YouCanAdopt campaign to find families for children who wait the longest.
The new campaign aims to reach potential parents for children from certain groups that repeatedly
wait longest to be adopted and sees a series of new films released featuring real life stories from
those who have adopted children, and others who have been adopted themselves.
The films spotlight the various means of support available throughout the adoption journey from
adoption agencies, social care workers, charities, employers, friends, relatives, peers and more.
Each year, Adoption East Midlands needs to find adoptive families for approximately 170 children.
Without enough families coming forward, children wait longer.
Nottinghamshire County Council Cabinet Member for Children and Families, Councillor Tracey
Taylor, said: “Across Nottinghamshire there are children who are waiting to be adopted.
“If you are considering adoption and can offer a stable, loving home, I urge you to speak to our
dedicated team who will be happy to provide the advice, information and support you need.”
Head of service for Adoption East Midlands, Shelagh Mitchell, commented: “Adoption East Midlands
is delighted to support this new national campaign that shines a light on those children who typically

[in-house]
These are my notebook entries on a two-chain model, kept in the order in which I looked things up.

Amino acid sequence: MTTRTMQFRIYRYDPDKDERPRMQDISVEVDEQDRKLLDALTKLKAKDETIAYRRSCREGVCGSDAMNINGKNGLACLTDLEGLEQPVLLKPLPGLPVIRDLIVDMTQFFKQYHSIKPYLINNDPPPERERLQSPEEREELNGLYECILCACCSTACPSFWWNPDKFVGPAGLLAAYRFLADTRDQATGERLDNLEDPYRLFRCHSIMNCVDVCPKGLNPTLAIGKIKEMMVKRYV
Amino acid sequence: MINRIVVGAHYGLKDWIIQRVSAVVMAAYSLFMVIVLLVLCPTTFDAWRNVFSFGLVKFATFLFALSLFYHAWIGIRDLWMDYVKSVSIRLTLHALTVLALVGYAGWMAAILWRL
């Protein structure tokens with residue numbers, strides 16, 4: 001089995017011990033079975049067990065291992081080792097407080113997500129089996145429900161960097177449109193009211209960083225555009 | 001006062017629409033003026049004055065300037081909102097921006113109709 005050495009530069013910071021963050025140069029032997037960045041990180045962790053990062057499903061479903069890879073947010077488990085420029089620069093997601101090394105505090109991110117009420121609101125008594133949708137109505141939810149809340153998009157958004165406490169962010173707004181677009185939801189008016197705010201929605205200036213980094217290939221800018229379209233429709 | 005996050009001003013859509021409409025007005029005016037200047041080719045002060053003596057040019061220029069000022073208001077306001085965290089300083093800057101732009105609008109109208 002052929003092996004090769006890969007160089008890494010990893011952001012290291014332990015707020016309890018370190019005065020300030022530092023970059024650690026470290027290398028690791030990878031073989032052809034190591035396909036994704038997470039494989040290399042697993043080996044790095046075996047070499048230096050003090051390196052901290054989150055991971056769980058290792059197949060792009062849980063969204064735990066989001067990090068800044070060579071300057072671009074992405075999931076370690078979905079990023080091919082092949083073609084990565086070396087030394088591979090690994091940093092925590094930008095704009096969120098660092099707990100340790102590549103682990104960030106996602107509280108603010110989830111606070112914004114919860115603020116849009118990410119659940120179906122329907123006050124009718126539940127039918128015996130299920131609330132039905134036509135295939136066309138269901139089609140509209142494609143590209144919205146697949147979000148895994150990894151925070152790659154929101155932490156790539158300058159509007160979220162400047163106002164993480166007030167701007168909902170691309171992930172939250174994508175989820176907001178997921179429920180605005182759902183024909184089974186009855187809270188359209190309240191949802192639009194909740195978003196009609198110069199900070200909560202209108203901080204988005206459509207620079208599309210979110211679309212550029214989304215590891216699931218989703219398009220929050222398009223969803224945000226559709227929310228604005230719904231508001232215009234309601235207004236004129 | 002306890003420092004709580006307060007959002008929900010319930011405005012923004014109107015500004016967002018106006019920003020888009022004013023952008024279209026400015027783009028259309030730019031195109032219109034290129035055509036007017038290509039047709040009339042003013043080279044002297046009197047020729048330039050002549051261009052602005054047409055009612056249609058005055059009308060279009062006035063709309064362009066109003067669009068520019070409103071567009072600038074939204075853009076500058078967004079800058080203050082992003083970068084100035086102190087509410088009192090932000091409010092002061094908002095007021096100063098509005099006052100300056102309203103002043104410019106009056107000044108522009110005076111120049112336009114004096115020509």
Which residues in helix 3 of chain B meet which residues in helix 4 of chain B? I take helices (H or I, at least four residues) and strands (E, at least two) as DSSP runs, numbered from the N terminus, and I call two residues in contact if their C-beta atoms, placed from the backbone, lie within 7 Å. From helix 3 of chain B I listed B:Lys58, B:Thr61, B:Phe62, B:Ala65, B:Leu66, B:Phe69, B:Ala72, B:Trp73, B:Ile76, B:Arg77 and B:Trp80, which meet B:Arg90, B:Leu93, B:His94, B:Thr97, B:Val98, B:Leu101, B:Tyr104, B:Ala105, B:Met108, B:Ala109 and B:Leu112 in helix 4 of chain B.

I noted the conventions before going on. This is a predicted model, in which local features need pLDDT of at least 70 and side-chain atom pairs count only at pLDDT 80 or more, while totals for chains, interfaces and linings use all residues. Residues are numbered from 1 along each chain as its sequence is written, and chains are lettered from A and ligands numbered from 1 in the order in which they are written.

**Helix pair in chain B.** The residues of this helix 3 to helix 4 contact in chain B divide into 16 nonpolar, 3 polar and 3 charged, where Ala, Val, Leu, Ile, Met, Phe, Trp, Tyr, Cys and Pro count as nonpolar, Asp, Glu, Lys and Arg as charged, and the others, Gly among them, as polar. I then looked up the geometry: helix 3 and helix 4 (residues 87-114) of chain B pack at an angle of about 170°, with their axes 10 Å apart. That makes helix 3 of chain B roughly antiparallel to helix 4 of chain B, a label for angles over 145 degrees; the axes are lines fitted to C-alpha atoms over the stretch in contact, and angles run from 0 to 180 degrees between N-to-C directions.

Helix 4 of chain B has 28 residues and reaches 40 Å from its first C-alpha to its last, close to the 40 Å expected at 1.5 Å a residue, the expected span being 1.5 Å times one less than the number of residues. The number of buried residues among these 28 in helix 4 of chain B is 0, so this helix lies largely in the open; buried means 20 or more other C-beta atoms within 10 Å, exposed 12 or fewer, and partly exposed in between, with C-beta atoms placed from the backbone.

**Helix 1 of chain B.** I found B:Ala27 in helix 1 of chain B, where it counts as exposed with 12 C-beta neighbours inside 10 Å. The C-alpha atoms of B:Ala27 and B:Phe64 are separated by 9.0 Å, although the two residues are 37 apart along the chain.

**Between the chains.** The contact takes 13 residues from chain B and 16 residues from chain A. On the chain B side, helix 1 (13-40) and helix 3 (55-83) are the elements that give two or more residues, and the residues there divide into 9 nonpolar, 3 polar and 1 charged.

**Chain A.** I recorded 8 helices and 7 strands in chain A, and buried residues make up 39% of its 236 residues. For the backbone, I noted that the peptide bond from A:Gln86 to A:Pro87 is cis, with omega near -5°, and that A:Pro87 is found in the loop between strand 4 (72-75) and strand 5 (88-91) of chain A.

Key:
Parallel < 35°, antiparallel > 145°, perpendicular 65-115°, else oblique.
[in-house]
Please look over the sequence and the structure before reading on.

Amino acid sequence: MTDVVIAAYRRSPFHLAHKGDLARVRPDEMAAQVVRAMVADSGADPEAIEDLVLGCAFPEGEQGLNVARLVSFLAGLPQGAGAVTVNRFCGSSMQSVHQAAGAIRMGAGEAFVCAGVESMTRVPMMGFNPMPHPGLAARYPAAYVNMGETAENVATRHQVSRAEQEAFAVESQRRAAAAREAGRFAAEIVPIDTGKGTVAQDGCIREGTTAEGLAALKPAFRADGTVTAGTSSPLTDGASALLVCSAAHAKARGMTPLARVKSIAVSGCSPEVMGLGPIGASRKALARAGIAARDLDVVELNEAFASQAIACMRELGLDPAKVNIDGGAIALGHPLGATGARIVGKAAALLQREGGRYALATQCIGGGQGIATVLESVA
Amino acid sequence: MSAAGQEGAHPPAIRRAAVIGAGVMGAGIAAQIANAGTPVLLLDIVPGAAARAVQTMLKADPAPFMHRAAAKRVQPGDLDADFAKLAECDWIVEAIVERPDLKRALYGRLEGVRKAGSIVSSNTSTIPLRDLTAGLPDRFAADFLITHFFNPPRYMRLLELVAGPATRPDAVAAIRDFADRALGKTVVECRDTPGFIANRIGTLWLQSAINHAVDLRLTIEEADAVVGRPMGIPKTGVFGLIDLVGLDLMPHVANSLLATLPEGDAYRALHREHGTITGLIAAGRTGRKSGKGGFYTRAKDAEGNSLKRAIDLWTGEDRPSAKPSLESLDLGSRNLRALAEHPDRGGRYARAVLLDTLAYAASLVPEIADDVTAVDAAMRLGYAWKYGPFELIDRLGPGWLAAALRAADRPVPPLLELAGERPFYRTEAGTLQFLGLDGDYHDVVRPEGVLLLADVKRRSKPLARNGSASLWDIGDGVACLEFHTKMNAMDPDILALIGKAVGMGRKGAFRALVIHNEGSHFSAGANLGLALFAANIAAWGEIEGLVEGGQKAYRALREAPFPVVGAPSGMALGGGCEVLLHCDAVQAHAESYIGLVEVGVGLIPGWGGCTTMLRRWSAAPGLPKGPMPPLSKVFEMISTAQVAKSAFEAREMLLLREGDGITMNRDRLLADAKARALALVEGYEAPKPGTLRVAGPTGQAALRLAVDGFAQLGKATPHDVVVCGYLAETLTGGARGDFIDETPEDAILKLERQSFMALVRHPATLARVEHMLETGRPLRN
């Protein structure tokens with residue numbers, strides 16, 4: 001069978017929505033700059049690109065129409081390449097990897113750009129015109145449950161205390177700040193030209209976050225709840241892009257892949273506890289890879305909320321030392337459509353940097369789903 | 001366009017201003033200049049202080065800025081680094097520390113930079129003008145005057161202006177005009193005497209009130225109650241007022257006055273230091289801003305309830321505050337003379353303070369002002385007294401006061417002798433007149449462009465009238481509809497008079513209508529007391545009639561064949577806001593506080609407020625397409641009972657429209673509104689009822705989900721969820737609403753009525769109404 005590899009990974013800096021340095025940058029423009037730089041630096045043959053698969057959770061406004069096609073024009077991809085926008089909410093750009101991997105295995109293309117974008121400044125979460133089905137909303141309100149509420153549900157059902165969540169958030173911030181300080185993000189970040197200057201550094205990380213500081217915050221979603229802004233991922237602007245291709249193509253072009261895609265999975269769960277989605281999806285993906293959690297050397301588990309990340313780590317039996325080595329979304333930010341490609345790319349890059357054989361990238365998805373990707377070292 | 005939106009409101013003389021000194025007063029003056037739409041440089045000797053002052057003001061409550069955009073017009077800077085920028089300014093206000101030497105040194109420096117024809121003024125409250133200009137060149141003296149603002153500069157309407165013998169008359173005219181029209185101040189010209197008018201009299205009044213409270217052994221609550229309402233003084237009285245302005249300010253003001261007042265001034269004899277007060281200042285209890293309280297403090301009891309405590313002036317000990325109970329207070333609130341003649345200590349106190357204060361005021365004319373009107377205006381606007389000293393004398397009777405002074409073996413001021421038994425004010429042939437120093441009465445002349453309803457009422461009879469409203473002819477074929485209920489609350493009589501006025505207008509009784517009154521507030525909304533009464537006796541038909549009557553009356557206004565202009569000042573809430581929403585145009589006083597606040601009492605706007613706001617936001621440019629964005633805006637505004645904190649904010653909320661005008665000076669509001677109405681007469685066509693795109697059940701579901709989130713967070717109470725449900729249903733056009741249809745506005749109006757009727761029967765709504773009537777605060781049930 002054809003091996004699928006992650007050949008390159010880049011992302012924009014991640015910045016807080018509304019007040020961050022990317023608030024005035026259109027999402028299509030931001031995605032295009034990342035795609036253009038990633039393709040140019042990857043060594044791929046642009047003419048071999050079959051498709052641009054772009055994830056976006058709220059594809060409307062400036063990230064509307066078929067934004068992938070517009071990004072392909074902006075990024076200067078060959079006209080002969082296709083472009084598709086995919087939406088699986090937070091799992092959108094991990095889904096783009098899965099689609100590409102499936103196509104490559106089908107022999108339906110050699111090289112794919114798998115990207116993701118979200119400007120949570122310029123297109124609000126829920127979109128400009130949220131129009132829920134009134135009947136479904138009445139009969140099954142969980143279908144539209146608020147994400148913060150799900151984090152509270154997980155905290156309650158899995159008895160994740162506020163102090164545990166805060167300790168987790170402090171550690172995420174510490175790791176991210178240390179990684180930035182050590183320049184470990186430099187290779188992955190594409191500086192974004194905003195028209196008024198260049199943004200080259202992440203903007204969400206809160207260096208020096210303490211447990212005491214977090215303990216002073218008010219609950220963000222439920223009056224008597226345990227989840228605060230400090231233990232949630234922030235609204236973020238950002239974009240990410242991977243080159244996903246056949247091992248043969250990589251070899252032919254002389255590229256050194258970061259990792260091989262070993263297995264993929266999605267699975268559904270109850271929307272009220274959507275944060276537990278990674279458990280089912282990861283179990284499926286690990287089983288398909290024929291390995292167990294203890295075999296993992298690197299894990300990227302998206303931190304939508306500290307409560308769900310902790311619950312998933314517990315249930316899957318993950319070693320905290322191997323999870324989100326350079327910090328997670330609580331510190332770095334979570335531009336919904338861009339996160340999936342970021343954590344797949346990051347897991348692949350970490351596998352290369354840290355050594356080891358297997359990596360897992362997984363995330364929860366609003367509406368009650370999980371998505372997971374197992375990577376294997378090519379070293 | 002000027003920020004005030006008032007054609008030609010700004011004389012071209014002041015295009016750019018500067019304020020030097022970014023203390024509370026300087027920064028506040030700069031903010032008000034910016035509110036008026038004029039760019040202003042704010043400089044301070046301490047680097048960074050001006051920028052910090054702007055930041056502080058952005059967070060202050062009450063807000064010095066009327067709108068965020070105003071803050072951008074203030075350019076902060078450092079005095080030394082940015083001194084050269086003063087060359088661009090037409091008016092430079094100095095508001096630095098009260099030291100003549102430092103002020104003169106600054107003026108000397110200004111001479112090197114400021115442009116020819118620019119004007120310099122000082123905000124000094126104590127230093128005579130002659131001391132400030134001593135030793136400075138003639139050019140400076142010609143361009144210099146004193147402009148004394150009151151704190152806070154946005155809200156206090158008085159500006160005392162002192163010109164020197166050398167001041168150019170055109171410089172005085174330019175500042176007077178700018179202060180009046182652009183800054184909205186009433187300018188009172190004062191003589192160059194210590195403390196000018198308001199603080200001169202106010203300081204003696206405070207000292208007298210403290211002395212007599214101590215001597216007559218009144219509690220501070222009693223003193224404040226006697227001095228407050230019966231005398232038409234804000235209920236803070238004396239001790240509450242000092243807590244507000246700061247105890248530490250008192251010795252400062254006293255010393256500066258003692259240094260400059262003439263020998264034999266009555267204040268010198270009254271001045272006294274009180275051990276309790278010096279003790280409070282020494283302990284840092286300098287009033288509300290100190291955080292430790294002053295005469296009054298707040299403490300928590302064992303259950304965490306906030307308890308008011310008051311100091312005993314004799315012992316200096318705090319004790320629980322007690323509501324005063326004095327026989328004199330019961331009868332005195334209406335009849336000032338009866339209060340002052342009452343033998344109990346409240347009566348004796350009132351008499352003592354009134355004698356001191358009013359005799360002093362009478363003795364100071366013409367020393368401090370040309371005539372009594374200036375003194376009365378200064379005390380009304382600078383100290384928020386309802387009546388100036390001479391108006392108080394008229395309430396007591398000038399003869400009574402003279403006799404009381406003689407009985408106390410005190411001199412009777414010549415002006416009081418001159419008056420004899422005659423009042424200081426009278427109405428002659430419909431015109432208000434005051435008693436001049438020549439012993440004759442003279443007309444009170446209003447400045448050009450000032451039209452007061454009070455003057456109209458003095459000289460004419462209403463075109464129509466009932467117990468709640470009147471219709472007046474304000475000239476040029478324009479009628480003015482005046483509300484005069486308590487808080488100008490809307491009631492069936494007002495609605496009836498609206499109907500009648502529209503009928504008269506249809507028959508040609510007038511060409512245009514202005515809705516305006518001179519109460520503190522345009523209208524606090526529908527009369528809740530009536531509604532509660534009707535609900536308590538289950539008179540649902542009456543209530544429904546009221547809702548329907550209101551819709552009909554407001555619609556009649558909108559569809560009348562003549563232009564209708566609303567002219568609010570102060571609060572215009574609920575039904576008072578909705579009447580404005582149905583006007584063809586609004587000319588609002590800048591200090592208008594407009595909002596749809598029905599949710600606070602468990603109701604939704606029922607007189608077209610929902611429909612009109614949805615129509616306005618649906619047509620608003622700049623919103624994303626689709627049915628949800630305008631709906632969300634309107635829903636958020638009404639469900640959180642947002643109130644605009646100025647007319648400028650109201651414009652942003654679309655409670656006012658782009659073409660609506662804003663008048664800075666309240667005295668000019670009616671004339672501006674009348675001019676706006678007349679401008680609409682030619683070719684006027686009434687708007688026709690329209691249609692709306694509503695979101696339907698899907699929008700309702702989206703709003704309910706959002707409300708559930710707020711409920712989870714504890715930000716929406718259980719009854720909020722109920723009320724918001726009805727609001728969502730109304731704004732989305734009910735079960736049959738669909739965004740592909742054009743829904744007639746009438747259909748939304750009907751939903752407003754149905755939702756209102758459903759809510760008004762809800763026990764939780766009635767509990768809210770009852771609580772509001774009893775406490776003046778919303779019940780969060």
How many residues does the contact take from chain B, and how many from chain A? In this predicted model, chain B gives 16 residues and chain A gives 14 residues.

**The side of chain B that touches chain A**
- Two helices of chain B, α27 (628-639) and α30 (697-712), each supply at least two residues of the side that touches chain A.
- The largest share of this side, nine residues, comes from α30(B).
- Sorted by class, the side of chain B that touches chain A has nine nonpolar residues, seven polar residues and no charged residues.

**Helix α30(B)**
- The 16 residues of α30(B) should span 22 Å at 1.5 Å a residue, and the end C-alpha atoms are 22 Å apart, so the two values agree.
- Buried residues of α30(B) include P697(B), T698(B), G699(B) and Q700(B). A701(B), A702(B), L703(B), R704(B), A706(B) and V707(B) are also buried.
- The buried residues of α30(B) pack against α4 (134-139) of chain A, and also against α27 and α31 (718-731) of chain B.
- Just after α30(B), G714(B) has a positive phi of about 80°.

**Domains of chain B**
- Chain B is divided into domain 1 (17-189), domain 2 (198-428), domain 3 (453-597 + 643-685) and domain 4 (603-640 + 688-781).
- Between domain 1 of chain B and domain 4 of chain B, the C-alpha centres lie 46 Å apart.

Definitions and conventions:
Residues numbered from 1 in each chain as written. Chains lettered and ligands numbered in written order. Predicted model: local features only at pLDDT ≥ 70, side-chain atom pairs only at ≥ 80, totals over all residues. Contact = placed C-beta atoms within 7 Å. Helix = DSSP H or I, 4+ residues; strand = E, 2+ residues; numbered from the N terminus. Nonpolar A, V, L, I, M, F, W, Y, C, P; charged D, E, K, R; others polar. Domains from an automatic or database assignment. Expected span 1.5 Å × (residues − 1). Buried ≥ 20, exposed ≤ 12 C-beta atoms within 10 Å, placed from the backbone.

wait the longest to be adopted.
“We find families for children with a diverse range of needs and from a diverse range of backgrounds
who need people to offer them a safe, nurturing and loving home so that they can thrive and
flourish,” said Mitchell.
Adoption East Midlands believes that support is vital for a successful adoption and works with
families to identify the right support for them.
Added Mitchell: “We offer ongoing support to our children and families from their first weeks of
placement through to support as an adopted adult.”
According to Adoption England, the majority of children waiting for adoption come from specific
groups repeatedly facing the longest delays in finding a home.
It is said that these groups mostly include children aged five or over, children with additional and/or
complex needs, brother and sister groups, and those from a black and mixed heritage.
Compared to children without these characteristics, children from these groups wait an average of
eight months longer from entry into care to adoption, a total of 32 months.
Data indicates that black and mixed heritage children wait two months longer than average to be
adopted from care, with delays caused because there are not enough black and mixed heritage
adopters coming forward to adopt children from the same background.
This is why, as part of the campaign, a specialised recruitment drive will run to encourage black
and mixed heritage people to consider adoption.
Adoption East Midlands is pleading with those considering adopting a child who would typically wait
The organisation says Adollhas professional adoption support teams who can offer a wide range of
support throughout the child’s journey through to adulthood – you will not be alone at any step of